My elderly neighbor has a parking strip that is infested with goat head weeds. With my neighbor's permission, I'm planning on ripping out the weeds and replacing with weed cloth and mulch. To prevent needing to do this again in the near future, I'd prefer to sterilize the ground before laying the mulch.

The parking strip is on a hill that drains into a major road. I'm not at all concerned about the runoff damaging plants we want to keep, and my first inclination is to salt the ground.

How much salt/foot of parking strip will do the trick? Alternatively, are there any better ways of accomplishing the goal of sterilizing this soil?

Again, this is all with the consent of the homeowner, who would have preferred that the city just paved the strip in the first place. :-)

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    From your spelling you sound like you're in the US. You could still use sodium chlorate which is pretty effective – Chris H Sep 4 '17 at 8:28
  • "The parking strip is on a hill that drains into a major road. I'm not at all concerned about the runoff damaging plants we want to keep" - but you SHOULD be concerned about where the stuff goes once it hits that road and drains into a water body somewhere. – That Idiot Oct 10 '17 at 19:31

Why not just leave the wildflowers be? - Spray and Geotex / weed cloth / weed barrier just encourage brambles, bindweed, etc. and destroy natural diversity (in other words you will find yourself in a losing fight against some very hardy, most near-irradicable, plants), whilst salt will run-off into other areas when it rains (desroying the arability of those areas, too).

  • I agree with this sentiment. There are lots of native grasses that could also fit the bill. OR, for all out "sterilization," cover the area with flagstone. – That Idiot Oct 10 '17 at 19:32

Here are a few of my thoughts. The salt under fabric isn't going to help your cause. If you put mulch on top of fabric, within a year, that mulch will turn to compost aka a perfect place for weed seed germination. The fabric if done properly would prevent weed seeds from within the soil from getting through, therefore the salt would be unnecessary in that case anyway. I NEVER encourage people to use fabric with mulch. The only time fabric is acceptable in my opinion is if you are putting gravel or river stone down, and even then it's never going to completely eliminate your weed problem.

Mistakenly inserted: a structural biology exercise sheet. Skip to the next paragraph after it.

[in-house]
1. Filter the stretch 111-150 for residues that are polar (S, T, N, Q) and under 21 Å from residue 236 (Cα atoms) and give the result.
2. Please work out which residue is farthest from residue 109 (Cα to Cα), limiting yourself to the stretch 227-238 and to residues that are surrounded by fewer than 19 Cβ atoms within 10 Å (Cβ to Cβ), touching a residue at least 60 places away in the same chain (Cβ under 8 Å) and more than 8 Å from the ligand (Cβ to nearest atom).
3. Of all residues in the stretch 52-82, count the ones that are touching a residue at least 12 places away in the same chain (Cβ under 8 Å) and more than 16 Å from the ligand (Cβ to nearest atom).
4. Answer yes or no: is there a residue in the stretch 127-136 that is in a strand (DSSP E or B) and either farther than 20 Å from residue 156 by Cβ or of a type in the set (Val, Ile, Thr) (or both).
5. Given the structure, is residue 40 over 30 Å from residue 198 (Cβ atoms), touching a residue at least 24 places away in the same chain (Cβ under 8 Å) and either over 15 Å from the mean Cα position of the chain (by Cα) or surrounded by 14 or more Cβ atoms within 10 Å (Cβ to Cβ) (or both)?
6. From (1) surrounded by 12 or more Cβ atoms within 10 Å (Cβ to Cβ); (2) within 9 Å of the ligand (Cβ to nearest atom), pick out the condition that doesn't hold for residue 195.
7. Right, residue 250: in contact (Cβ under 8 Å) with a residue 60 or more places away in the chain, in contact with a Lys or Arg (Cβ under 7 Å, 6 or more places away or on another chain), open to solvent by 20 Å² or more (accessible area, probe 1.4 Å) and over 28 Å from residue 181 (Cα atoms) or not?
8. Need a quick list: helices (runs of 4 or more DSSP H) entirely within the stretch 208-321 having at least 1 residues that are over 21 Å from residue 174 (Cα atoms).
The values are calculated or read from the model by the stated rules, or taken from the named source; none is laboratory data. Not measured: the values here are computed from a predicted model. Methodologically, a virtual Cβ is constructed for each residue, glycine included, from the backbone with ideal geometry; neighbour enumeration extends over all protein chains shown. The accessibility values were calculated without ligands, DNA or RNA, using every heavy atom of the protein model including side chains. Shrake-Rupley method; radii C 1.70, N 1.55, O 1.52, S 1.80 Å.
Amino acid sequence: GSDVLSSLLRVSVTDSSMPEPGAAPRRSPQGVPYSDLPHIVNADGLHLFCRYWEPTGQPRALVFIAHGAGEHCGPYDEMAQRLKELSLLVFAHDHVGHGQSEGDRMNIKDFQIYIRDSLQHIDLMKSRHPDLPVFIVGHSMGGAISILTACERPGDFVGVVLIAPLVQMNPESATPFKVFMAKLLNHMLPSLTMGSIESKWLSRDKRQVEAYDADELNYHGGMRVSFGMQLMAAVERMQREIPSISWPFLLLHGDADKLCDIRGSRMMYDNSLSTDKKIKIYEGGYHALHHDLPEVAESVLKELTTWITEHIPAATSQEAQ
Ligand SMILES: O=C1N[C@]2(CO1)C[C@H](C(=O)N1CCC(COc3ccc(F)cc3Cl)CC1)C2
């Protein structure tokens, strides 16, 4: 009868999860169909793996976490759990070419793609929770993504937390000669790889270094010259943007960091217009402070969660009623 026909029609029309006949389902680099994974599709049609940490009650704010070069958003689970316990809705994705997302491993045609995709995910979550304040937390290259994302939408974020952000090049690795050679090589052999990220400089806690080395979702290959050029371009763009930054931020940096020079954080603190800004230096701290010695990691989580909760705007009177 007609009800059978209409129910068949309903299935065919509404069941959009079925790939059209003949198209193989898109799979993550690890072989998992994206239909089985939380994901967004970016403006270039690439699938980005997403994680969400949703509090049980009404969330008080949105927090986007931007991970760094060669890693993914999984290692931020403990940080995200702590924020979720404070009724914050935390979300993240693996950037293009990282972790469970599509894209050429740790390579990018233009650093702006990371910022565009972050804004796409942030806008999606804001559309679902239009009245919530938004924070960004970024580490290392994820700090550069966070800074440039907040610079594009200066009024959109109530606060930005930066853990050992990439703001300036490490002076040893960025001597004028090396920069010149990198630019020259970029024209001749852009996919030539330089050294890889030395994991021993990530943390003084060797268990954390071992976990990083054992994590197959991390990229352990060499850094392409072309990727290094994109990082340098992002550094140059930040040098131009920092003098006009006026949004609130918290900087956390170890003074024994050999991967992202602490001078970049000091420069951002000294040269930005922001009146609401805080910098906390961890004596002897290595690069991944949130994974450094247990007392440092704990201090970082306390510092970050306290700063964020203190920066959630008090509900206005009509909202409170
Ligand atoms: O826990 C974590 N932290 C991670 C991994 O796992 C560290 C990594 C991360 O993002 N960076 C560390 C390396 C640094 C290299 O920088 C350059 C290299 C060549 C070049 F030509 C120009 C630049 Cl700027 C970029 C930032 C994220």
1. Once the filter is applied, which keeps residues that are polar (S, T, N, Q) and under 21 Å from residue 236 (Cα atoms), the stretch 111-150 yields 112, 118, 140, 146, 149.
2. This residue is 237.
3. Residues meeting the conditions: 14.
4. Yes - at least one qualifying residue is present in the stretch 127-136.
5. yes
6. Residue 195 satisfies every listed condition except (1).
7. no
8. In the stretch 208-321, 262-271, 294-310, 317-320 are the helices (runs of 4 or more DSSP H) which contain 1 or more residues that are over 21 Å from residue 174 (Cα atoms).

So here are some options

  1. If you chose to/already have put fabric down with mulch on top, then you will want to re-mulch that area probably every year forever or the weeds will come back with a vengeance. No need to salt the earth prior

  2. If you really want mulch and not gravel, then either manually remove weeds, or use a chemical to kill them (only if manual removal is unreasonable). Then put a thick layer of mulch on top along with annual or biannual reapplication.

  3. This is what I would do. Use a string trimmer to cut the weeds down to the ground. Lay a good quality landscape fabric for use under gravel. Put gravel on top, a nice thick layer, 3-4" (tan pea gravel is my favorite by far). Since gravel doesn't turn to humus, it will be much better at discouraging weed growth long term, however the weeds will always find a way. Your first line of defense is to blow off any leaves, soil, mulch or any organic matter that tries to settle into the gravel. My favorite tool by far for managing gravel driveways is a flame weeder. Basically, it's a more mellow flame thrower that you can purchase very inexpensively. When weeds show up, you burn them down. It's quick, easy, fun, cheaper than chemicals and also nontoxic. It kills existing weeds and can also discourage future growth by destroying dormant seeds near the surface. I find that flame weeding driveways only needs to happen about 2 to 3 times per growing season here in NC to keep your driveway weed free. Boom.

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